What’s more, they’ll double their salaries thanks to the pay commission that was hidden in the ethics amendment. With the passage of another initiative, legislators will now also control just about every state agency and department. That will lead to more favoritism, such as the hiring of campaign supporters and relatives and friends.

A loose interpretation of the ethics law lets Lt. Gov. Tim Griffin work for a Washington lobbying firm. It’s like the good old days, when legislators worked as lobbyists for the Arkansas Poultry Federation and other special interests.

We asked Rep. Doug House (R-North Little Rock), who said he’ll let us know the next time Oaklawn throws a bash at War Memorial Stadium with free corned beef for everyone who shows up.

But, no, House says, he has never sat down for a free meal with a lobbyist. House, a retired Army colonel and a veteran of the Iraq war, says he follows the military rule on freebies.

“You could ask any lobbyist, I pay for my own way,” House says.

“Unless they’re open to everyone, my practice has been I pay my own way,” he told us. Some lobbyists provide credit cards at restaurants and let legislators charge on the credit card.”

The new law prohibits that form of bribery. It also bans junkets paid for by special interests, although some legislators are ready to test the limits of that ban.

Rep. Warwick Sabin, a Democrat and sponsor of the ethics law, is hoping the state’s ethics commission will make a ruling soon on what’s allowed and what isn’t.

“We need further clarification of what’s acceptable,” Sabin told us. He said the intent of the initiative was that “no legislator should accept anything of value.”

He’s all for inviting the entire legislature to discuss policy with any organization that wants to make a pitch and put out an urn of coffee for everybody. Even that would be a violation of the so-called Walmart rule, which prohibits associates from accepting even a cup of coffee from a vendor.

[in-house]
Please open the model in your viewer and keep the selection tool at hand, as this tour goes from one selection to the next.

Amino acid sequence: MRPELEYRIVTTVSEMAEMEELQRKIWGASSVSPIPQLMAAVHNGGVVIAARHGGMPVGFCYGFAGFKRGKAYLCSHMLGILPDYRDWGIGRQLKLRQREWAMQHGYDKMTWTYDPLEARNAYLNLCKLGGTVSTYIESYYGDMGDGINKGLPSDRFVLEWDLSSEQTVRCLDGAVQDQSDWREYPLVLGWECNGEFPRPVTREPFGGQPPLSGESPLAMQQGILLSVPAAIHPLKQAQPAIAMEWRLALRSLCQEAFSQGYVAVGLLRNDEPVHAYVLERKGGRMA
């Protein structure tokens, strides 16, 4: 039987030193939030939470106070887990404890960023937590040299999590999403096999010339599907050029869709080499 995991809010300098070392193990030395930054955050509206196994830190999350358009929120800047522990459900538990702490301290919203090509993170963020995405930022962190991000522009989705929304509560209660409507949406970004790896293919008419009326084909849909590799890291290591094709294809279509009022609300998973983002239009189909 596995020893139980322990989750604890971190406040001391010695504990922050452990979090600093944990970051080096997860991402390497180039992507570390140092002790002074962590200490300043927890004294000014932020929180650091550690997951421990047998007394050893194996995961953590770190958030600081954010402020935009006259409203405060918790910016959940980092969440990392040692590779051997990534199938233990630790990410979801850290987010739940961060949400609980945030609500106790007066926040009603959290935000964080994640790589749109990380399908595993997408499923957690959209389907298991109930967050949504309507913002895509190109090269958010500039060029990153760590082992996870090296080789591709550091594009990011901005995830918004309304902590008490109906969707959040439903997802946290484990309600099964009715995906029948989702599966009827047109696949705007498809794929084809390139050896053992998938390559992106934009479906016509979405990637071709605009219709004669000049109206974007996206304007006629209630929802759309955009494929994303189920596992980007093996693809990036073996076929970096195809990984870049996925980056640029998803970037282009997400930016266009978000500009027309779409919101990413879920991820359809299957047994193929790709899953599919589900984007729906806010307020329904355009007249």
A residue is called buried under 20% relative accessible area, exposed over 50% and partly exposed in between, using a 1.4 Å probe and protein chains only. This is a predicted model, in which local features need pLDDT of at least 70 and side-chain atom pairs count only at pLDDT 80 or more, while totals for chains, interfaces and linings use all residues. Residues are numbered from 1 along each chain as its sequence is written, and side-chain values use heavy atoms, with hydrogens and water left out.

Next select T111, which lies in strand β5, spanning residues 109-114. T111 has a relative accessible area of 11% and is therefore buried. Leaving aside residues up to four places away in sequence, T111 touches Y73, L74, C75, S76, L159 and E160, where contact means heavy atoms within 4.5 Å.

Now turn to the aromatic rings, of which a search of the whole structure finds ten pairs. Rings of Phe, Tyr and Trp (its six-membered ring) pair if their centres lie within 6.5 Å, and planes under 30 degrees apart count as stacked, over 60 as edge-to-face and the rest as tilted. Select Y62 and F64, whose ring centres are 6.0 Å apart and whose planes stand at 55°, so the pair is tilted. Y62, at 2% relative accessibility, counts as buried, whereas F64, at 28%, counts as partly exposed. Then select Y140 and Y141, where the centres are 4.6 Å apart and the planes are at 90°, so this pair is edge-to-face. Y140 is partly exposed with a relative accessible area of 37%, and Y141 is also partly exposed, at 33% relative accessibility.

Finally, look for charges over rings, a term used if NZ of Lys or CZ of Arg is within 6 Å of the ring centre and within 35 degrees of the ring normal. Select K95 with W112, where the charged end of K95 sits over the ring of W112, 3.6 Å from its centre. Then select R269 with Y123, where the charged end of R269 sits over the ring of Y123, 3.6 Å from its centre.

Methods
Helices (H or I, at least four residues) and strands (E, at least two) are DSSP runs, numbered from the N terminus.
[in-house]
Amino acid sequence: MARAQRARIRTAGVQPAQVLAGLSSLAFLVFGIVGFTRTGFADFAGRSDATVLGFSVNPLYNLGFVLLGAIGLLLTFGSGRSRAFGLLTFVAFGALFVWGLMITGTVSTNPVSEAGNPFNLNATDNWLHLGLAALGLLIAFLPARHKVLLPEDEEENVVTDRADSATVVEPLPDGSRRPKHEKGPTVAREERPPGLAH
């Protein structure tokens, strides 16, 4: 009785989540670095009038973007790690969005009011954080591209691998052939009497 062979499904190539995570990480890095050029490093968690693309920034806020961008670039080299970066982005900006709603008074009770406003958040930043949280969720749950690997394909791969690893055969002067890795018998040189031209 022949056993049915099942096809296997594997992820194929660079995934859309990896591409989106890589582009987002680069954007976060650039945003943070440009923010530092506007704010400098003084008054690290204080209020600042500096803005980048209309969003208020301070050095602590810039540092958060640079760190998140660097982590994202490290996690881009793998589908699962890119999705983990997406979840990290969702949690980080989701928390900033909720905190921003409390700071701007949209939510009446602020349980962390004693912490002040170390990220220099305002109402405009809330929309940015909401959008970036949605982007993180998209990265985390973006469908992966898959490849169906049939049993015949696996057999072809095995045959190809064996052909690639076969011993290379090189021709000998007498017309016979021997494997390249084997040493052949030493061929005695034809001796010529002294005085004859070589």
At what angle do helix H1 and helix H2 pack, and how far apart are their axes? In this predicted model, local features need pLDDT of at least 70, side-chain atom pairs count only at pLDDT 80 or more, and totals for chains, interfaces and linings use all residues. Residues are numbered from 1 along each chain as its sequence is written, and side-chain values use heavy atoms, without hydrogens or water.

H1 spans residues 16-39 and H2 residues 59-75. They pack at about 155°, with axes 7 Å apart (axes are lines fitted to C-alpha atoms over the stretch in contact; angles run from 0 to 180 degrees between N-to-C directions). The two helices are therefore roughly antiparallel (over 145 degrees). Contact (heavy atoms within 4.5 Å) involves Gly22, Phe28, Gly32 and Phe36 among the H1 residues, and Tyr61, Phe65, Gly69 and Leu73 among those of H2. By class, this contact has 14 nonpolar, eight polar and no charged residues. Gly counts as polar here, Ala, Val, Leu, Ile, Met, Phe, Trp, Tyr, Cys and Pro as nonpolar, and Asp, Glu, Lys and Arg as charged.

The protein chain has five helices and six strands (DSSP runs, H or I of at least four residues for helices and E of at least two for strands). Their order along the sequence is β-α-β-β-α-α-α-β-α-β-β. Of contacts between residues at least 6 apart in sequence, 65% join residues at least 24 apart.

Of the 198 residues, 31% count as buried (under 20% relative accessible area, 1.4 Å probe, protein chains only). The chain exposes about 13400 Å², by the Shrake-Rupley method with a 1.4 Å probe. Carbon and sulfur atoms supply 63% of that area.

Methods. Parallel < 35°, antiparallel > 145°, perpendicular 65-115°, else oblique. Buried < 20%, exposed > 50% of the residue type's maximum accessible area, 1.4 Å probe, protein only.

Sabin said he had the Walmart rule in mind when he introduced legislation to get ethics on the ballot.

“We thought the Walmart rule is the best practice for employees and legislators,” Sabin said.

He says entertaining legislators at so-called special events is “not meeting the spirit of the amendment.”

The idea was to “exclude food and drinks for entertainment,” Sabin said.

When it comes to lobbyists, he insists, “We should exclude events that serve no other purpose than to ingratiate yourself with legislators.”

You can just hear lobbyists and lawmakers echoing Paddy Bauler: “We ain’t ready for reform.”

Bauler was a saloonkeeper in the 43rd Ward on Chicago’s north side where the St. Valentine’s Day Massacre took place. Ethics wasn’t a top priority for politicians: It could get you killed.

Even journalists received huge Christmas baskets from Chicago pols when I first started out in journalism there. Then we thought better of it and refused the gifts.

But Arkansas politicians like the freebies. Many of them are making their first visit to the big city, and it’s a big deal to get invited to the Capitol Hotel, where they offer five-star dining, all free if you’re a legislator.

Many lawmakers have no other profession except hanging out at the legislature with lobbyists.

If Arkansas ain’t ready for reform, we need a list of legislators who attend these so-called special events sponsored by lobbyists.

We’re more like Chicago, or, closer to home, more like Louisiana but without professional sports teams.

TOP STORY >> Lawmakers supporting tax cuts

Leader senior staff writer

Gov. Asa Hutchinson’s middle-income tax cut, which he says is his first order of business, could be law by the end of next week, according to Senate President Pro Tempore Jonathan Dismang (R-Searcy).